ANDELMAN: You see the writers listed at the end of some of the reality shows if you check the credits, and you think, “That explains a lot.”
GRAY: Exactly. I just think reality TV should be reality, which is just let it go, and we’ll see what happens. With “What’s With That House?” the premise behind it is it’s all those houses all across the country where you slam on the brakes and wonder what the homeowner was smoking. And we’ve all seen those houses. Every single person in every single state, city, and small town has one of those houses near them, and they know which one it is. And it’s probably nicknamed like “The Mushroom House” or “The Witch’s Hat House” because of what it looks like. And so many people just love to tour those houses, and we finally get to, so that’s why the show’s a lot of fun.
ANDELMAN: We have one that went up about a block from us that they refer to it as “The Italian Prison.” It’s a neighborhood of nice houses, and then this house goes up that eats up the entire piece of property, and it is two stories tall. It is one big rectangle, flat walls, every window is the exact same tiny size. So when I saw this show, I immediately thought of that, and I could equate to it completely. In one of the episodes I saw, you were in Oakland Park, Florida. And every neighborhood, it seems like, has one of these most bizarre, curious houses.
GRAY: And it’s great that you’ve nicknamed it “The Italian Prison.” I guarantee there’ll be like five or six names out there that people have for it, each one funnier than the last one. And it really polarizes everybody in these neighborhoods. I guarantee, if I went through the neighborhood, which we do, and we say “Hey, excuse me, Bob, you live on this street, what do you think of that place and what do you call it?” You’d say, “I call it ‘The Italian Prison. I think it’s ugly.” We’ll talk to another neighbor who will say, “I think it is a beautiful, post-modernism statement about architecture.” And they’ll love it. And it’s hysterical that you get some people that just absolutely think that whatever this house is is the greatest thing since sliced bread, and some people think it’s just moldy.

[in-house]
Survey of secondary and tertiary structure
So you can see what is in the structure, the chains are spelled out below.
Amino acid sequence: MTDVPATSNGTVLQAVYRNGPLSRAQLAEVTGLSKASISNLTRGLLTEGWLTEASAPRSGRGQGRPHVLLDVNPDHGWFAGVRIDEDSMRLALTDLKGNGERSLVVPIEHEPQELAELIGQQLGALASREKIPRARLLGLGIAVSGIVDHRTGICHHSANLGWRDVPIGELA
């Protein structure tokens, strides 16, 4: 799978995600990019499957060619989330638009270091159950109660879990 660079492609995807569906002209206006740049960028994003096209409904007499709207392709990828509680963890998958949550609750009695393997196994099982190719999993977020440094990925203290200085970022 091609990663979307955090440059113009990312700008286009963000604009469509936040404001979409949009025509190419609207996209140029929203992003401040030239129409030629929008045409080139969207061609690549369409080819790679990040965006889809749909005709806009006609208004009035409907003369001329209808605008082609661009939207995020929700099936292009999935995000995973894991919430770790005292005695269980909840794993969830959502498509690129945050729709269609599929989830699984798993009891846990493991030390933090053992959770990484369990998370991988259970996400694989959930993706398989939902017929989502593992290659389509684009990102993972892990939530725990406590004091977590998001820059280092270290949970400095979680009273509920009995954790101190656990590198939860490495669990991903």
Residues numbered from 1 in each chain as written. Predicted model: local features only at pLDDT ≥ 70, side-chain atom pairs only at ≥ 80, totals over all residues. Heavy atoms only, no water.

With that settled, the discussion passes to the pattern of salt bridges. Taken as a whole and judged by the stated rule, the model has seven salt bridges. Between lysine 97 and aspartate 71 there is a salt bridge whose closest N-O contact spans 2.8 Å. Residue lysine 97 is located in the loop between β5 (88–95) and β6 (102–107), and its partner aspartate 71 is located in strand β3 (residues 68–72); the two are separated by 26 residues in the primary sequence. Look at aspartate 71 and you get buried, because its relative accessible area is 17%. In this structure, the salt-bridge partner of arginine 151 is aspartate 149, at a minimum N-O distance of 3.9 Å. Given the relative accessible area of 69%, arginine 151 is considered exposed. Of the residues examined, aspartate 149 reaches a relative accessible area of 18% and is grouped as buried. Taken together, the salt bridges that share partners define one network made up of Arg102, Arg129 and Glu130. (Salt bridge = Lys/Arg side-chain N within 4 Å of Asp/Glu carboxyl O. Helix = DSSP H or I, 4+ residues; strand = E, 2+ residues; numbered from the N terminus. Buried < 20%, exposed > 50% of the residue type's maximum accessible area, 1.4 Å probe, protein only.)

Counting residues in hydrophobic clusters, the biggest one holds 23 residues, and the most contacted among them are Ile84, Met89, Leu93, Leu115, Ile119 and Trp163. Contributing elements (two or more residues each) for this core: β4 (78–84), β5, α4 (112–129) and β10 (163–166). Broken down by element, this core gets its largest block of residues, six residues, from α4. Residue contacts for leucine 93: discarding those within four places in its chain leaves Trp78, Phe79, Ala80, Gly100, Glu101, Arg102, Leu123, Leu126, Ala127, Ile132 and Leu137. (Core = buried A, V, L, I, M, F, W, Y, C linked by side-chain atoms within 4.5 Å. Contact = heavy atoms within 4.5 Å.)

ANDELMAN: Do you have any great moments with neighbors that you really loved what they said, but you couldn’t possible use?
GRAY: Well, HGTV is definitely a more family values, conservative type of network, and so it’s a little on the squeakier, cleaner side, but I’m very impressed with them. They did air something one time that was very, very, very, very funny. We went to this house and saw all the neighbors. The problem is, when neighbors live close by, they’re probably friends with the people so we don’t want to say anything bad about the house. And so I was asking neighbors, “What do you think of this house?” “Oh, it’s fine. It’s fine.” “It’s fine” is the only thing. “It’s fine. It’s fine.” Well, c’mon, is it good, is it bad, what do you think? “Oh, it’s fine. It’s fine.” And, finally, I asked some guy who happened to live about six blocks away, and he didn’t know the people. I said, “Can I ask you on camera what you think about the house?” And he said sure. So I said so tell me, what do you think of the house? I didn’t even finish the sentence, and he said, “It looks like crap.” And I started laughing because it was so funny the way he said it. And he wasn’t being angry. He was just being very honest. And I said “No, really, just what do…” And he just again cut me off and repeated it, and it just made me laugh so hard. It was so funny to just see that kind of honesty. And they actually aired it. So it was great.